All posts in Media Arts

Memes As Art: Media Installation Artist Dave Greber


by Mark Gould,
Editor – Photosynthesis Media Arts and Theory Journal (republished from my other blog)

For a while now, I’ve wanted to write and introduce you to the work of media installation artist Dave Greber, part of the New Orleans based artist collective The Front. David belongs to a group of video artists, experimental cinema producers, writers and other artists who are exploring popular culture and it’s media conduit, exposing the often subliminal propaganda-style messages we are all confronted by every day, and in doing so invites all of us to examine media memes and the roles they play in social communications.

More than 30 years ago, long before the concept of an internet meme became so popular and commonplace, media theorists and activists were studying the cultural effects of a meme, most usually defined as “an idea, belief or belief system, or pattern of behavior that spreads throughout a culture,” often passed along on a personal, family or neighborhood level but on a grander scale through the mass media, including television and the internet.

Adbusters and many other similarly motivated groups have long used the concept of “culture jamming” to both explore and reveal how commercial, corporate, government and other media channels transmit messages through means of mass communications networks that operate on any number of different levels and in dong so, help deconstruct media messages. Neither media messages or internet memes are inherently subversive or deceptive, but the fact that they can be and often are have led to the comparing of these messages to similar processes in what is more narrowly considered to be usually dramatic, commercial or political “propaganda.” But more broadly defined, propaganda is the spreading of ideas, information to further a cause and/or influence public opinion or perception in many ways, through many channels.

These ideas have been explored by media studies scholars, activists and artists (“artivists”) across the cultural spectrum for a long time. What media artists such as Greber employ are devices studied in the field of semiotics, a general philosophical theory of signs, symbols and cultural codes that deals especially with their function in both artificially constructed and natural languages and comprises syntactics, and semantics. From the Merriam Webster Dictionary (online)

Semiotics – Study of signs and sign-using behaviour, especially in language. In the late 19th and early 20th century the work of Ferdinand de Saussure and Charles Sanders Peirce led to the emergence of semiotics as a method for examining phenomena in different fields, including aesthetics, anthropology, communications, psychology, and semantics. Interest in the structure behind the use of particular signs links semiotics with the methods of structuralism.

Having recently seen some of Dave Greber’s work on Vimeo, I think the inspiration for much of his work takes place as part of this exploration into, as he says, “the constant attack on our biological and cultural environments by commercial forces.”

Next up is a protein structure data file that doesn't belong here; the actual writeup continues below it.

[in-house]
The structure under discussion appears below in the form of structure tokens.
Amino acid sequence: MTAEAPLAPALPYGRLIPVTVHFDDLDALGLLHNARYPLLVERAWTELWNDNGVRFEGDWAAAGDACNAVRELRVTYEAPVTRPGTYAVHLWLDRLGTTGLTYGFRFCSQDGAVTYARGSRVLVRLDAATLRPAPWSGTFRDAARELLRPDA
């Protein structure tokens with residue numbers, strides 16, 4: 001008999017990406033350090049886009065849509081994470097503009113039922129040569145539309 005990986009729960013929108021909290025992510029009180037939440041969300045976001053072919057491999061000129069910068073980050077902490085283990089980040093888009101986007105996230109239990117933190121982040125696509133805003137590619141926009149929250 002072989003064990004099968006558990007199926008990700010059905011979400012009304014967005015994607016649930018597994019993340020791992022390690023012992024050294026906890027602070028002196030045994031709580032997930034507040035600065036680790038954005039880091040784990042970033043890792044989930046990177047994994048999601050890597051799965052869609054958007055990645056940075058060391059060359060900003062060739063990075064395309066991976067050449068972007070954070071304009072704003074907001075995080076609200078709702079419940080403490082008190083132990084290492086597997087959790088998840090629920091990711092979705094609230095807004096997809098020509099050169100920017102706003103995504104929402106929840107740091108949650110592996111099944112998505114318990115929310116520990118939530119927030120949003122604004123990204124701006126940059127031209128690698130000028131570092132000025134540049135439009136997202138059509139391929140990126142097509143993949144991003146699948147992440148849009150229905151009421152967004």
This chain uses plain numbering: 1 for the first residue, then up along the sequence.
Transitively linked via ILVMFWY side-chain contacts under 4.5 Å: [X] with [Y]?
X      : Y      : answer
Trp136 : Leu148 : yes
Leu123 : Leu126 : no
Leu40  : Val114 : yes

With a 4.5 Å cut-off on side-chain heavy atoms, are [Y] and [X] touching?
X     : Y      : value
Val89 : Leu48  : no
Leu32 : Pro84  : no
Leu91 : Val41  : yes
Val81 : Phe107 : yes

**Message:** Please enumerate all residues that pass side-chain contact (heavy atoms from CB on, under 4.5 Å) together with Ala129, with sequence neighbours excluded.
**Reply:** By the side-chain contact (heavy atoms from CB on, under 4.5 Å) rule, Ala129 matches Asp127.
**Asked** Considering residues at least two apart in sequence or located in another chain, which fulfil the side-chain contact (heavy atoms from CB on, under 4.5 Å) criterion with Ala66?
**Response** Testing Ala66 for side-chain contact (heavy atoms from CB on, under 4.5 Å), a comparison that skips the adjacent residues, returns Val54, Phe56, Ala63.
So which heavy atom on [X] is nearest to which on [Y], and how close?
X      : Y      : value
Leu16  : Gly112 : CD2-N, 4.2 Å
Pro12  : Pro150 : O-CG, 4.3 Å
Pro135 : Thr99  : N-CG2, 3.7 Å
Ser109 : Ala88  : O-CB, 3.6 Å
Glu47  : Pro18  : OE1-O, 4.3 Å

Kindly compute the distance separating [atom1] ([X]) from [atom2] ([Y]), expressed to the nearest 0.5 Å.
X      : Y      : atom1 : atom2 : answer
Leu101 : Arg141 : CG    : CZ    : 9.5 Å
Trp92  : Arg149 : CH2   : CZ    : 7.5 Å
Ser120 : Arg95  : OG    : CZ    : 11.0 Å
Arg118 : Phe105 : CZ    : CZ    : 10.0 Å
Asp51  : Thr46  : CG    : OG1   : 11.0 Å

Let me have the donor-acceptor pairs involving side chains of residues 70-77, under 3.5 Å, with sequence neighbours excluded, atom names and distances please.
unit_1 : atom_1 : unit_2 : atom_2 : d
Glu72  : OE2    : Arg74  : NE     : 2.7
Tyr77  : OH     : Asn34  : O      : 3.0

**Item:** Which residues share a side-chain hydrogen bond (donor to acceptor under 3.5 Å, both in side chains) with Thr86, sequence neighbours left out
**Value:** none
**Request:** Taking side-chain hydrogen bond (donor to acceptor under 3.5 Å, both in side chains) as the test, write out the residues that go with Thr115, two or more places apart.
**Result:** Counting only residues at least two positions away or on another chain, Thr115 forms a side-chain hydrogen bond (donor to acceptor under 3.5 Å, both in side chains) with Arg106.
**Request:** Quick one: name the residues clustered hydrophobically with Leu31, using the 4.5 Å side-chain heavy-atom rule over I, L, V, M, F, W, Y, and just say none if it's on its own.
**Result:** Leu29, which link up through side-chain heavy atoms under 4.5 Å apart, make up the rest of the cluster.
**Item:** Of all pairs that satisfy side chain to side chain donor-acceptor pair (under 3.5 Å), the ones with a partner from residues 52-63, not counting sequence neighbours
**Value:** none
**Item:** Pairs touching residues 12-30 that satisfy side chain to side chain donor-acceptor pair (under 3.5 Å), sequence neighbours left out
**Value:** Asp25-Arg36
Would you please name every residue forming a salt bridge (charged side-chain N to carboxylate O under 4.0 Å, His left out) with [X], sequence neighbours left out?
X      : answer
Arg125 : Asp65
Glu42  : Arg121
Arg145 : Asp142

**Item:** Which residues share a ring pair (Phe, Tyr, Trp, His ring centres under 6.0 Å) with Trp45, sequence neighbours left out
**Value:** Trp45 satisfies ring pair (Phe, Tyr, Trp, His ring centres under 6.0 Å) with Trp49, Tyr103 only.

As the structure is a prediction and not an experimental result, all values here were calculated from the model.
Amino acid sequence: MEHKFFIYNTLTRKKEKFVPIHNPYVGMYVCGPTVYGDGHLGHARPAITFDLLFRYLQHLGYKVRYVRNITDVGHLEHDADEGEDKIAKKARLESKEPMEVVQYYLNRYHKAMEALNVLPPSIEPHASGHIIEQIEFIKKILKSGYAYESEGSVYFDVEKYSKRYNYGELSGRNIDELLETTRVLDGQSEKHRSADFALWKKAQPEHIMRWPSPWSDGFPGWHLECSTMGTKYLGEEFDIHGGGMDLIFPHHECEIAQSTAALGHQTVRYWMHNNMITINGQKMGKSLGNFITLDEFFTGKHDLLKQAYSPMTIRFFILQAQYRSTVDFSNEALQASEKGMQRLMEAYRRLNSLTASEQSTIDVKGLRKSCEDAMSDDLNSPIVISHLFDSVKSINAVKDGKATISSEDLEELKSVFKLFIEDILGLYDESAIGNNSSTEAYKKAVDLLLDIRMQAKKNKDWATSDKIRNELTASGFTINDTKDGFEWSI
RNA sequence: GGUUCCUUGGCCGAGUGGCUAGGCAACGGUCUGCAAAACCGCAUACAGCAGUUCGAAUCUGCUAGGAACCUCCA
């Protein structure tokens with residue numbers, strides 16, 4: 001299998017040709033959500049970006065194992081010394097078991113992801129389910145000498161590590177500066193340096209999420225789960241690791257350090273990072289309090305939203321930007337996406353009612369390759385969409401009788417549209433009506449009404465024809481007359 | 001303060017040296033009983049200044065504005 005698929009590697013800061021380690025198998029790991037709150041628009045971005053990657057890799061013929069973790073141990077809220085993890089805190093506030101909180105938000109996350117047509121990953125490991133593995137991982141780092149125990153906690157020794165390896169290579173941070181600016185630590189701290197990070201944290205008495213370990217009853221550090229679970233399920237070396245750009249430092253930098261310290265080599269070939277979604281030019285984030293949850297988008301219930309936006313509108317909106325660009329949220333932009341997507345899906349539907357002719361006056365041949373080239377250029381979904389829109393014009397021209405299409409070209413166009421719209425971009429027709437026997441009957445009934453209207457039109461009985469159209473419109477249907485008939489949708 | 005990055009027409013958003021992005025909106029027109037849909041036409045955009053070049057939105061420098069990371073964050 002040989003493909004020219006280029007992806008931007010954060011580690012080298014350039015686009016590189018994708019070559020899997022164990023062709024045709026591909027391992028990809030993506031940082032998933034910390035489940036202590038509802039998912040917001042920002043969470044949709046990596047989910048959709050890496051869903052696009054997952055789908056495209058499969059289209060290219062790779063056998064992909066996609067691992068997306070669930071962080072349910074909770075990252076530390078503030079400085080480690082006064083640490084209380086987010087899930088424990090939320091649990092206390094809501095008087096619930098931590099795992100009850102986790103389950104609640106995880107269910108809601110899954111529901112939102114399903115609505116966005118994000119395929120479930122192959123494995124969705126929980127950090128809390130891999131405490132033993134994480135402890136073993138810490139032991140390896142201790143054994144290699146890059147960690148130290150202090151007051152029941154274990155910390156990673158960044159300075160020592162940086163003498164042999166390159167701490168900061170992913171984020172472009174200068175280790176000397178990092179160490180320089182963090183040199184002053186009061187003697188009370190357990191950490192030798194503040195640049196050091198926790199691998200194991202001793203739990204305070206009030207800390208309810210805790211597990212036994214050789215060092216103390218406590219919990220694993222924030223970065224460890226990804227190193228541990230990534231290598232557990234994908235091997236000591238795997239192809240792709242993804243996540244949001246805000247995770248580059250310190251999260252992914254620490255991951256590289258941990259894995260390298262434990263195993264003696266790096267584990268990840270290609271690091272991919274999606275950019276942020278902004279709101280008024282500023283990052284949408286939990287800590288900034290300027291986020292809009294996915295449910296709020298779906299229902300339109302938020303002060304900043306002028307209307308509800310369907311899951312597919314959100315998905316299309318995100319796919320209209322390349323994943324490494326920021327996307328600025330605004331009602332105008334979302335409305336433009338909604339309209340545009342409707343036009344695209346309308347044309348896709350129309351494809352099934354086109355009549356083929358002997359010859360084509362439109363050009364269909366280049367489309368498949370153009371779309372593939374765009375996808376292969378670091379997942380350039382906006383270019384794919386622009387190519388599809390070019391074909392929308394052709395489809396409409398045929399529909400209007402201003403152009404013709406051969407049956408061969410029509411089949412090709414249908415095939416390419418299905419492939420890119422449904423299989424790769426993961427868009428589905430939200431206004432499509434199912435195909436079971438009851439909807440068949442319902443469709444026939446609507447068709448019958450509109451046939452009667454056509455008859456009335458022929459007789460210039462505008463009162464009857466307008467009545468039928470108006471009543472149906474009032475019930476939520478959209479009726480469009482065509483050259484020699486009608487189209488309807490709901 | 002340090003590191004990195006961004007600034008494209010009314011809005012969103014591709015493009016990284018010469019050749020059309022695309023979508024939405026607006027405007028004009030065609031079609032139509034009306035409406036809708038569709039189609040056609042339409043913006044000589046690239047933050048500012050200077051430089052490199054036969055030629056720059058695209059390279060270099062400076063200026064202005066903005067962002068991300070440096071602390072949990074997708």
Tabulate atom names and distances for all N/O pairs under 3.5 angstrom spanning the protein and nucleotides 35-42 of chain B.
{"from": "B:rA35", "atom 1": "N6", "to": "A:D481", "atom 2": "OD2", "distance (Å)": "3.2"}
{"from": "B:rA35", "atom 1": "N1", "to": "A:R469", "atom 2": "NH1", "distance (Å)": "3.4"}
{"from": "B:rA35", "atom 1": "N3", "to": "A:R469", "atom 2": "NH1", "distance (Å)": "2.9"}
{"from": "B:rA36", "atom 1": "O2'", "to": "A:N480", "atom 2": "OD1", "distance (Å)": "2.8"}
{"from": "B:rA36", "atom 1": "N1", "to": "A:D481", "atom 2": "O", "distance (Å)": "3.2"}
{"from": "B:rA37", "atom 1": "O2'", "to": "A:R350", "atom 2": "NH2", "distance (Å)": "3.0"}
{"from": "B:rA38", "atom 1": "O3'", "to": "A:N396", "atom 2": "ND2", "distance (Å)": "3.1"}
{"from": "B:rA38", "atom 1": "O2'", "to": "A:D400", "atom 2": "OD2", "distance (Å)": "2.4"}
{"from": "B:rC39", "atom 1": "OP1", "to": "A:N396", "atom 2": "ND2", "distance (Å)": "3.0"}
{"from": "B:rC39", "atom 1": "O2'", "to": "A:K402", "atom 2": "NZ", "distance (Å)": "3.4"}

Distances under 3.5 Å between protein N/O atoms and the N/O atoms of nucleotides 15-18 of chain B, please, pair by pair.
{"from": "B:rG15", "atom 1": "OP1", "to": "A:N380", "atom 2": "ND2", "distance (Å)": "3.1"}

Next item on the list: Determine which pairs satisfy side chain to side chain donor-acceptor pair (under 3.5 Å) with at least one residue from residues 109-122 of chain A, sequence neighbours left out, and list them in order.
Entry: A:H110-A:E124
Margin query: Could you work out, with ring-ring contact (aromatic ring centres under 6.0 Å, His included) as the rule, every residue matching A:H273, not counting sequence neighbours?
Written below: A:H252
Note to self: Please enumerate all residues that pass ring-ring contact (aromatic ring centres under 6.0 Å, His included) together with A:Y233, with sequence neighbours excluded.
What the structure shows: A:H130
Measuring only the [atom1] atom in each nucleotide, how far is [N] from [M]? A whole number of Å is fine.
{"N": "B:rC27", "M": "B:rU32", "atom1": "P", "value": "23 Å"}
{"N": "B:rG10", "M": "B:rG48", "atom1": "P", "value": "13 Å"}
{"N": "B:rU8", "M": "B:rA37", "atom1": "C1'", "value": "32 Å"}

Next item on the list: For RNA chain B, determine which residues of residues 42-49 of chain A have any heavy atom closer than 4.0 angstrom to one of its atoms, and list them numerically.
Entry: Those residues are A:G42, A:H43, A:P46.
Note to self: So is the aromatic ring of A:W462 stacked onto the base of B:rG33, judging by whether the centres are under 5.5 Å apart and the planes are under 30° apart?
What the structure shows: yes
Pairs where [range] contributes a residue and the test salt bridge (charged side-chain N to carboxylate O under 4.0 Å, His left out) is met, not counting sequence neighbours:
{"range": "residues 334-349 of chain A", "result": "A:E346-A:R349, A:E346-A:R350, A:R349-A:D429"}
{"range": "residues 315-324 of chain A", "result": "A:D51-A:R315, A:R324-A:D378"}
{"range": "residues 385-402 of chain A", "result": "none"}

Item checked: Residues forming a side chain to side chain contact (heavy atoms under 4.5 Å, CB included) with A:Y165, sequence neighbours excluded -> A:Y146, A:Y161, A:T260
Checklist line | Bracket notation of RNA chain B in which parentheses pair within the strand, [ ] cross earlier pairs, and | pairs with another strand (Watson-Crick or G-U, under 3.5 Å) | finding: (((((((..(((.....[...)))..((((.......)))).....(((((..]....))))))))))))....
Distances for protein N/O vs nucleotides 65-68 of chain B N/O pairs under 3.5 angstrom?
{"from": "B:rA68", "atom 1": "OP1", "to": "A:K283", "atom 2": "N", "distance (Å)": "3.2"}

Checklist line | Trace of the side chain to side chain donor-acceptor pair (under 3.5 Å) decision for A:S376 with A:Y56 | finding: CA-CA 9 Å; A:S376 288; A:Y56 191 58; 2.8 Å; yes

I have been researching and exposing tactics of corporate television advertising that are, for the most part, culturally degenerative memes overlooked by the general public. I create a skeleton commercial built from the tone, cadence, verbal and graphic illusions that comprise a corporate propaganda campaign. I then fill the shell with my own agenda, which is to reveal that the form itself is psychologically manipulative. I infuse them with my own contemporary style and present them as a seamless loop, which translates them from a parasitic corporate language to one of viewer empowerment.

And along with the artistic and cultural exploration inherent in his work, Dave Greber also combines a very healthy sense of humor. He says, “I have a great time making and showing these. They make me laugh and they are intended to make the viewer laugh when they have a realization of their own.” I hope you will enjoy them too, while you’re also “getting the message.”

Dave Greber’s website
Dave Greber on Vimeo

Primer (2010)
a video installation
by Dave Greber, TV Boxes. Roel Miranda
Camilla Bergin, Andy Cook, Tessa Corthell, Stephen Kennedy, Roel Miranda, JJ Smith, Robert Ries, Jen DeGregorio, Valorie Polmer, Lea Downing, Alden Eagle, Katie Gelfand, Matthew Holdren, Brandon Meginley, Phil Rached
Asst. Director, Katie Gelfand
Camera , Dave Greber, Phil Rached
Music: Peter Leonard, Kevin MacLeod

Simon Christen’s “Adrift” – A Love Letter to the Fog of San Francisco and the Bay Area


Adrift from Simon Christen on Vimeo.


Animator, photographer, and filmmaker Simon Christen knows how to bring art and technology together. He’s worked as an animator at Pixar, as a photographer of urban scenes, and director of time lapse films. So even without having met him, and seen his work, I think it’s safe to say that Simon has a gift for storytelling and the visual arts.

Recently Simon set his sights on capturing the fog that Bay Area residents and City dwellers both love and hate. We San Franciscans seem to both adore it’s beauty and cooling mist, and shake our fists when it hangs around too long, overstaying it’s welcome. (Speaking just for myself, after the last week, I’ll be just so happy to see it!) Christen explains how he went about capturing the scenes for this stunning piece of work, also available in 4K resolution! (If you hadn’t heard, 4K HDTV’s are already on the market, at the cost of at least one car.)


“It has been almost 3 years since I released “The Unseen Sea” and I’m excited and proud to share with you my latest project “Adrift”.

“Adrift” is a love letter to the fog of the San Francisco Bay Area. I chased it for over two years to capture the magical interaction between the soft mist, the ridges of the California coast and the iconic Golden Gate Bridge. This is where “Adrift” was born.

The weather conditions have to be just right for the fog to glide over the hills and under the bridge. I developed a system for trying to guess when to make the drive out to shoot, which involved checking the weather forecast, satellite images and webcams multiple times a day. For about 2 years, if the weather looked promising, I would set my alarm to 5am, recheck the webcams, and then set off on the 45-minute drive to the Marin Headlands.


I spent many mornings hiking in the dark to only find that the fog was too high, too low, or already gone by the time I got there. Luckily, once in a while the conditions would be perfect and I was able to capture something really special. Adrift is a collection of my favorite shots from these excursions into the ridges of the Marin Headlands.

I hope with my short film I am able to convey the feeling of happiness I felt while I experienced those stunning scenes.


Licensing: Adrift is copyrighted. All of my work is available for licensing under a rights-managed agreement. If you are interested in using any of my images and/or time lapse footage, please visit my website or contact me directly. Most of my clips are available up to 4K resolution! All of them support 2.8K and standard HD resolutions of 1080p/720p. Some of my favorite scenes in the film are also available as high resolution prints.”